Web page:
Brazilian Stocks Attract Investors Again Amid Renewed Interest In Emerging Economies

Emerging-market assets broadly saw a 5.5% spike in capital inflows in July, with equity performance driven by a benign macro environment, especially in Brazil, India and Indonesia, according to analysts

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By Srinivasan Sivabalan
August 08, 2023 | 03:30 PM

Bloomberg — Investors in emerging markets are shifting to stocks from bonds as they prepare for the world after monetary tightening.

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There are early signs of a rotation under way, with equity benchmarks beating local-currency bonds since the beginning of July. And traders are already starting to chase the rally, with Bank of America Corp. reporting that emerging-market equities have absorbed $4.1 billion in the week to Aug. 2, adding to inflows in the previous three weeks.

It all points to evidence that local-currency bonds, which have been the standout trade in emerging markets this year, are now facing tougher competition from stocks. While investors including Bank Julius Baer & Co. and Brazil’s Legacy Capital argue that there’s still money to be made in debt markets, bigger gains will come from stocks.

The macro backdrop is also tilting in favor of developing nations. Emerging economies are expected to expand almost three percentage points quicker than advanced nations over the next three years, led by China, albeit at a slower pace, and India. Analysts have raised their forecasts for earnings in July at the fastest clip in 18 months, according to data compiled by Bloomberg.


“The main drivers for equity performance will be a benign macro environment, especially in countries like India, Indonesia and Brazil, along with strong earnings growth driven by strength in consumption and investment,” said Ashish Chugh, a money manager at Loomis Sayles & Co. in Boston.

The MSCI Emerging Markets Index rallied almost 6% last month, the best performance since January. In contrast, indexes of dollar and local-currency EM debt gained less than 2%. The stocks gauge was little changed Monday.

Emerging-market assets broadly saw a 5.5% spike in capital inflows in July, the biggest since November. Investors in US exchange-traded funds have poured a net $2.61 billion into emerging-market stock ETFs in the past four weeks, while allocating just $269 million to bond equivalents.


That may just be the start, because a $5.7 trillion selloff last year has left emerging-market equities under-owned by global investors by some $600 billion, according to GW&K Investment Management. Meanwhile, money managers in the US have parked about $2.5 trillion in cash. Confidence about the economic rebound is bringing some of that capital back into developing-nation equities.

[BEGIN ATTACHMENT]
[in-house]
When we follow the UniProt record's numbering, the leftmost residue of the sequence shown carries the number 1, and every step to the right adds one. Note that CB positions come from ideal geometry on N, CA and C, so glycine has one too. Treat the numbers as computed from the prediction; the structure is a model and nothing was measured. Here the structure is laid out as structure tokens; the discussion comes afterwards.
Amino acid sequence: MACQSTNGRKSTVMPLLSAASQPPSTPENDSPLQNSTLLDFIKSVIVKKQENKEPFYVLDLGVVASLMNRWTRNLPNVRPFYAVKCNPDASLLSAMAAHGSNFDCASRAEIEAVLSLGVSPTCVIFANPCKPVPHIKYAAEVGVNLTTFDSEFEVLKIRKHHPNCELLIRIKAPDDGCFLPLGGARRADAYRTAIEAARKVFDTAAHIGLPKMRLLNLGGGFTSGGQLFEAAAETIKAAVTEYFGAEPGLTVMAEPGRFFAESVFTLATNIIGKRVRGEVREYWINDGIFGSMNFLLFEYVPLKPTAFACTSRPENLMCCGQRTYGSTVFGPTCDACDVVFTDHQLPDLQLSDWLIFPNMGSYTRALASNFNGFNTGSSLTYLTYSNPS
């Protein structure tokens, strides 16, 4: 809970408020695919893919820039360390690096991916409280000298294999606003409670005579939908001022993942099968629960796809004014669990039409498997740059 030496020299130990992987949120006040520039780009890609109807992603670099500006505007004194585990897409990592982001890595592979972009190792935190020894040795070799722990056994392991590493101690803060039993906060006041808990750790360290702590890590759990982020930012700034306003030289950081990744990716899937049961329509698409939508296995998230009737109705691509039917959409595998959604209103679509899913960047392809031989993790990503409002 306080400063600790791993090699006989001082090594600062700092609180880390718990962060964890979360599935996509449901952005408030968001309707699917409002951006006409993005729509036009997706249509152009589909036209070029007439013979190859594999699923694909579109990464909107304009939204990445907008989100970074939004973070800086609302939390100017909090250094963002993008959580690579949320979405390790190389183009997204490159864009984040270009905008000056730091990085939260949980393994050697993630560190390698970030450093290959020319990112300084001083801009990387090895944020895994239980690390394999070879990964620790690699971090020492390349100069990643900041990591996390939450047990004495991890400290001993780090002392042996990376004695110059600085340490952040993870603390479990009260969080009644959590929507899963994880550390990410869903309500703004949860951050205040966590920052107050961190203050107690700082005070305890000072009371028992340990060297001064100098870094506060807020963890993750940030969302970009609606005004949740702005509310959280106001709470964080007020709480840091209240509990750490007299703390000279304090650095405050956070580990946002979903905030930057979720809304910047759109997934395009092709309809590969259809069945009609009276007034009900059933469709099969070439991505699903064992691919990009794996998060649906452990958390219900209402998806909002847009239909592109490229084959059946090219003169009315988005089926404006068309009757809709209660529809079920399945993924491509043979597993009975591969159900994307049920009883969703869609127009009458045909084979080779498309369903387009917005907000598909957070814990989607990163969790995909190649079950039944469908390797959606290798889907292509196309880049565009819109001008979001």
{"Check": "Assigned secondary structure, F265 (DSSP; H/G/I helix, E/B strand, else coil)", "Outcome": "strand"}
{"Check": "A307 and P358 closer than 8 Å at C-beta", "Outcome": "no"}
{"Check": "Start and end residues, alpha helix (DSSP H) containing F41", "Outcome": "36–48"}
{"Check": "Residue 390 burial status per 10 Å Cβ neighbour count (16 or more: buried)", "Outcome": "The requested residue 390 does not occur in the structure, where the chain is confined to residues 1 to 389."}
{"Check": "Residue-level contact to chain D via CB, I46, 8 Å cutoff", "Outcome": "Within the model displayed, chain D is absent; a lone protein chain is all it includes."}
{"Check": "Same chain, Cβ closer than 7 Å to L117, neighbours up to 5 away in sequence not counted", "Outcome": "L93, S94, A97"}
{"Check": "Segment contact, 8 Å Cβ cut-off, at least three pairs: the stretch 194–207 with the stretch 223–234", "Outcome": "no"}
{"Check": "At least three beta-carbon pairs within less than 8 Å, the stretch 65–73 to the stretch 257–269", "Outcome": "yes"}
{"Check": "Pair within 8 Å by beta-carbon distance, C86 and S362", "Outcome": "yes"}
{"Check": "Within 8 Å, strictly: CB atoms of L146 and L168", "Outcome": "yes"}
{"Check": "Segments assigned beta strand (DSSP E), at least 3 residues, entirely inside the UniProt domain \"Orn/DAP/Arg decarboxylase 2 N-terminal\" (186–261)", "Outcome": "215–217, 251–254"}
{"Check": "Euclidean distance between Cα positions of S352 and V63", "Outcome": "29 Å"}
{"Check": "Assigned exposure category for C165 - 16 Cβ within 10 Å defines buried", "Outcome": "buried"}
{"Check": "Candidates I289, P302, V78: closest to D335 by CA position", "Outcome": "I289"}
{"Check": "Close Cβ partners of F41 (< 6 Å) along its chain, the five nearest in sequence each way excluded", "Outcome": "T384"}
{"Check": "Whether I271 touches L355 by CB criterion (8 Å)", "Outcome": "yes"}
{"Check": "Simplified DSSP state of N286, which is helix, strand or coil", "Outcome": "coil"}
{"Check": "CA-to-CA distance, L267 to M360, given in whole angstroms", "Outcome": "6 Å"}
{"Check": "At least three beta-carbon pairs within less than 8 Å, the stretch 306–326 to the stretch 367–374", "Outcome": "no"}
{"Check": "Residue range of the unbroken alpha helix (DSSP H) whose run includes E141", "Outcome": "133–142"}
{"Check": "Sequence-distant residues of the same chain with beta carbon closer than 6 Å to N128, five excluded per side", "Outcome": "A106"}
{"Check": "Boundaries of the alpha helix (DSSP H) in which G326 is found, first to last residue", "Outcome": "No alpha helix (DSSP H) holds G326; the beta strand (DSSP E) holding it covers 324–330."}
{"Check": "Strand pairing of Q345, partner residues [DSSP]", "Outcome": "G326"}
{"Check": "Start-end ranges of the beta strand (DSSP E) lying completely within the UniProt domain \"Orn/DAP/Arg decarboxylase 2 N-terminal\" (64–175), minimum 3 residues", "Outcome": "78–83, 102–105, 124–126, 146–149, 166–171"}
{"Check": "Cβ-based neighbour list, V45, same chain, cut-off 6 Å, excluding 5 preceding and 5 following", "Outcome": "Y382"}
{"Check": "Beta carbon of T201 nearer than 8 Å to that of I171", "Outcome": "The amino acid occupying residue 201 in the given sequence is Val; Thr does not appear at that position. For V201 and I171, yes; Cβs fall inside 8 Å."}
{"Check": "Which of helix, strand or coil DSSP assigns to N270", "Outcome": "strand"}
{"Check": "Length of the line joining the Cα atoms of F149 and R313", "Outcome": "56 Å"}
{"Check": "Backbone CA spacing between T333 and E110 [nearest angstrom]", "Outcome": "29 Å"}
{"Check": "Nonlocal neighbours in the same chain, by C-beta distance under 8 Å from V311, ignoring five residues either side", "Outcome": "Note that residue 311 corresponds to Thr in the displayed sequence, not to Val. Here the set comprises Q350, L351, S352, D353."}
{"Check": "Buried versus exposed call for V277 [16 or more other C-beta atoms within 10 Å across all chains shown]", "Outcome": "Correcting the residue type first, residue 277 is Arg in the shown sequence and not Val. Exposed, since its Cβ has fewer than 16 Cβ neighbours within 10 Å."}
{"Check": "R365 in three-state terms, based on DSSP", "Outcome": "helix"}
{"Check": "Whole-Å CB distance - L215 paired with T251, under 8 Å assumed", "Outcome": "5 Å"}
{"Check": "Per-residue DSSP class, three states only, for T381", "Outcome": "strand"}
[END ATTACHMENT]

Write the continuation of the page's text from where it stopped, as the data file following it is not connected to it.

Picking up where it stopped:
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“If we really have seen a peak in US rates, then equities in the smaller, more distressed parts of EM should do well as foreign capital revisits — examples are Egypt, Nigeria, Pakistan and Turkey,” said Hasnain Malik, a strategist at Tellimer in Dubai. “If we see a soft landing in the US, that favors larger emerging markets like China, Taiwan and South Korea because of their dependence on the manufacturing-export sectors.”

In some emerging markets, investors are drawn to stocks because they offer potential returns far above bonds. For instance, China’s CSI 300 Index trades at an earnings yield — projected profits expressed a percentage of stock prices — of 8.6%. Chinese bonds offer 2.6%. That gap has doubled in the past two years. Even as China faces headwinds, with data flashing warnings signs across the economy, some investors are undeterred.

“Half of our portfolio is in China,” said Nuno Fernandes, a New York-based money manager at GW&K Investment Management. “India is the second-most important country for us. The high valuations there hold us back in owning more, but our hope is India lags a bit and that will be our opportunity.”


Investors particularly like Latin American stocks, some of which are both cheap and benefiting from monetary easing. Brazil’s benchmark trades at a 25% discount to its average valuation of the past 10 years, according to data compiled by Bloomberg, and policymakers have just delivered a bigger-than-forecast rate cut. Chile’s stocks offer a 27% discount and it has pipped even Brazil to the rate-cut post.

Legacy Capital, which oversees 28 billion reais ($582 million), has cut some fixed-income positions in Chile and started to build bullish positions in Brazilian stocks. Bank Julius Baer favors equities in both those countries over Mexico.

“We see outperformance potential for Latin American stocks that benefit from a weaker dollar, rate cuts and an improvement in China sentiment,” said Nenad Dinic, an equity strategist at Julius Baer in Zurich.

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